The worse life one can live is one of ingratitude. Against this backdrop, I publicly thank His Excellency of the Cooperative Republic of Guyana, Dr Mohamed Irfaan Ali, and, by extension, his Government for recognising my gifting and allowing me to serve for two years beyond retirement as Chief Education Officer. My career as an educator and, more so, as Chief Education Officer spanning more than 33 years could have ended disastrously after being sent on extended leave for doing what I do best: serving the children and people of this nation. There was a deafening silence on this matter by those with a penchant for talking.
It remains a mystery why someone without a deep understanding of education delivery would attempt to malign their greatest human resource asset at the nation’s children’s expense upon the pandemic’s arrival. But a good man can never be kept down.
One night, I was going through my ordeal, still grappling with why someone would perform such a dastardly act. I was asleep around midnight when my wife brought my cell phone, saying the President wanted to talk to me. Out of sheer compassion, I heard President Ali say, “You cannot finish like this. Go to Priya.” I did, and she welcomed me with open arms. The President and I had no prior relationship, yet he reached out to me. They tried to bury me but did not know I was a seed.
During the extra two years given to me, I was able to impart years of accumulated wisdom, knowledge and skills to the younger officers in the Ministry that have been a contributory force to their efficiency and effectiveness in the execution of their roles, particularly during the pandemic. I left the CEO’s office not in despair but with a smile. As an Executive Director of the National Accreditation Council, I am at the heart of education delivery at the level posts secondary and tertiary institutions such as universities and colleges, a job I relish. Thanks to all my supporters and those who offered kind and encouraging words.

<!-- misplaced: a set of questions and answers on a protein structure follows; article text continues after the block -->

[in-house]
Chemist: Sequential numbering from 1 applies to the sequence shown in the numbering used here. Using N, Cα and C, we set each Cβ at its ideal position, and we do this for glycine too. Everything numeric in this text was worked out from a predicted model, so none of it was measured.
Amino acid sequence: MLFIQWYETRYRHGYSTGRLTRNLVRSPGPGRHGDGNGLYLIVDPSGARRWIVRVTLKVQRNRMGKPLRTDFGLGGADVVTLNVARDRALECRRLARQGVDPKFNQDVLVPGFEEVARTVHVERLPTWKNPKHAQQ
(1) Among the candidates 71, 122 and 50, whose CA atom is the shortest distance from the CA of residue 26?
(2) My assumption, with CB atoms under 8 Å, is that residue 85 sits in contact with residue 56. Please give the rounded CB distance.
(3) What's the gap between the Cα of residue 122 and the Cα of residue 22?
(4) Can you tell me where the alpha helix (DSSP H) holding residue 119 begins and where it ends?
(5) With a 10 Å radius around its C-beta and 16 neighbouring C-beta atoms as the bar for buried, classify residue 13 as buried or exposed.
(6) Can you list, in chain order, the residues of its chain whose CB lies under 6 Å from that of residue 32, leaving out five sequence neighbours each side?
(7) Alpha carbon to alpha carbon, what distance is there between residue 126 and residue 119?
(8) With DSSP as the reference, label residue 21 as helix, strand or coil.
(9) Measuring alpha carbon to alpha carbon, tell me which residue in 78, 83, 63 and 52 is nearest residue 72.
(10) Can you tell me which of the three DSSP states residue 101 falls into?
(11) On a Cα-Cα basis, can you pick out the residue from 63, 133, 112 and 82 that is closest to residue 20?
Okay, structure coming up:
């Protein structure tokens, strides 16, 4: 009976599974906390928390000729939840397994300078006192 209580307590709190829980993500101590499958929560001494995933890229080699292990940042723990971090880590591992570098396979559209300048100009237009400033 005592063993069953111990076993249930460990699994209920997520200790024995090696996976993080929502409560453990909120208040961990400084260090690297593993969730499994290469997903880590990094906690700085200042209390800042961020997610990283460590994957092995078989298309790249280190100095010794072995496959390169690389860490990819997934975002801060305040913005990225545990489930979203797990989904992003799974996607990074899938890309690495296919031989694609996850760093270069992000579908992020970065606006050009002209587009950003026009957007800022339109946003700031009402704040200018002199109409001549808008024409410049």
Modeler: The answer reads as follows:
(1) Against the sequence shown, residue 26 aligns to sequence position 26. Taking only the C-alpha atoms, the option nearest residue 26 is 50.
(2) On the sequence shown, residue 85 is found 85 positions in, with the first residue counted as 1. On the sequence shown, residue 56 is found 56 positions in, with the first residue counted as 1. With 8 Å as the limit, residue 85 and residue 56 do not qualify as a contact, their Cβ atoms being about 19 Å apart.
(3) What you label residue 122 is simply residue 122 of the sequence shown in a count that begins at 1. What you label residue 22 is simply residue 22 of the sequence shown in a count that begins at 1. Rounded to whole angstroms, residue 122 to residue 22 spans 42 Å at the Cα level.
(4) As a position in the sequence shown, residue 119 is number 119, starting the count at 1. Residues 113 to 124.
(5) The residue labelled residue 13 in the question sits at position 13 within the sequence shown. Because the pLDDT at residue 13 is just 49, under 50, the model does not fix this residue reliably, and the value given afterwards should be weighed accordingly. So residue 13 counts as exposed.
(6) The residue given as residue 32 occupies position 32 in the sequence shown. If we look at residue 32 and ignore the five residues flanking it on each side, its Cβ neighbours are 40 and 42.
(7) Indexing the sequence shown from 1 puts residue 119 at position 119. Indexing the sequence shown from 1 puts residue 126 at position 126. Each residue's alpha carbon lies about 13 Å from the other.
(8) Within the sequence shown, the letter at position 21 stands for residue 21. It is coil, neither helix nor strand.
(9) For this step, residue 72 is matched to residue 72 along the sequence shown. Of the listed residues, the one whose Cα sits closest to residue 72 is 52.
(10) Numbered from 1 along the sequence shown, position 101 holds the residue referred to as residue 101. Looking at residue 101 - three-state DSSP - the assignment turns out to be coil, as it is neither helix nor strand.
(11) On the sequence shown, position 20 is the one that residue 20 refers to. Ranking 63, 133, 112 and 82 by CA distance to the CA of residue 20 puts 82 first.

I closed by asking these questions to every citizen of this country. What do you want to be remembered for? What will your legacy be when you die? Is it one who thrived on chaos and controversies or one who brought enlightenment, peace and goodwill to the brothers and sisters of our country? The time for healing in this nation is now. Together we can do the extraordinary.
Dr Marcel Hutson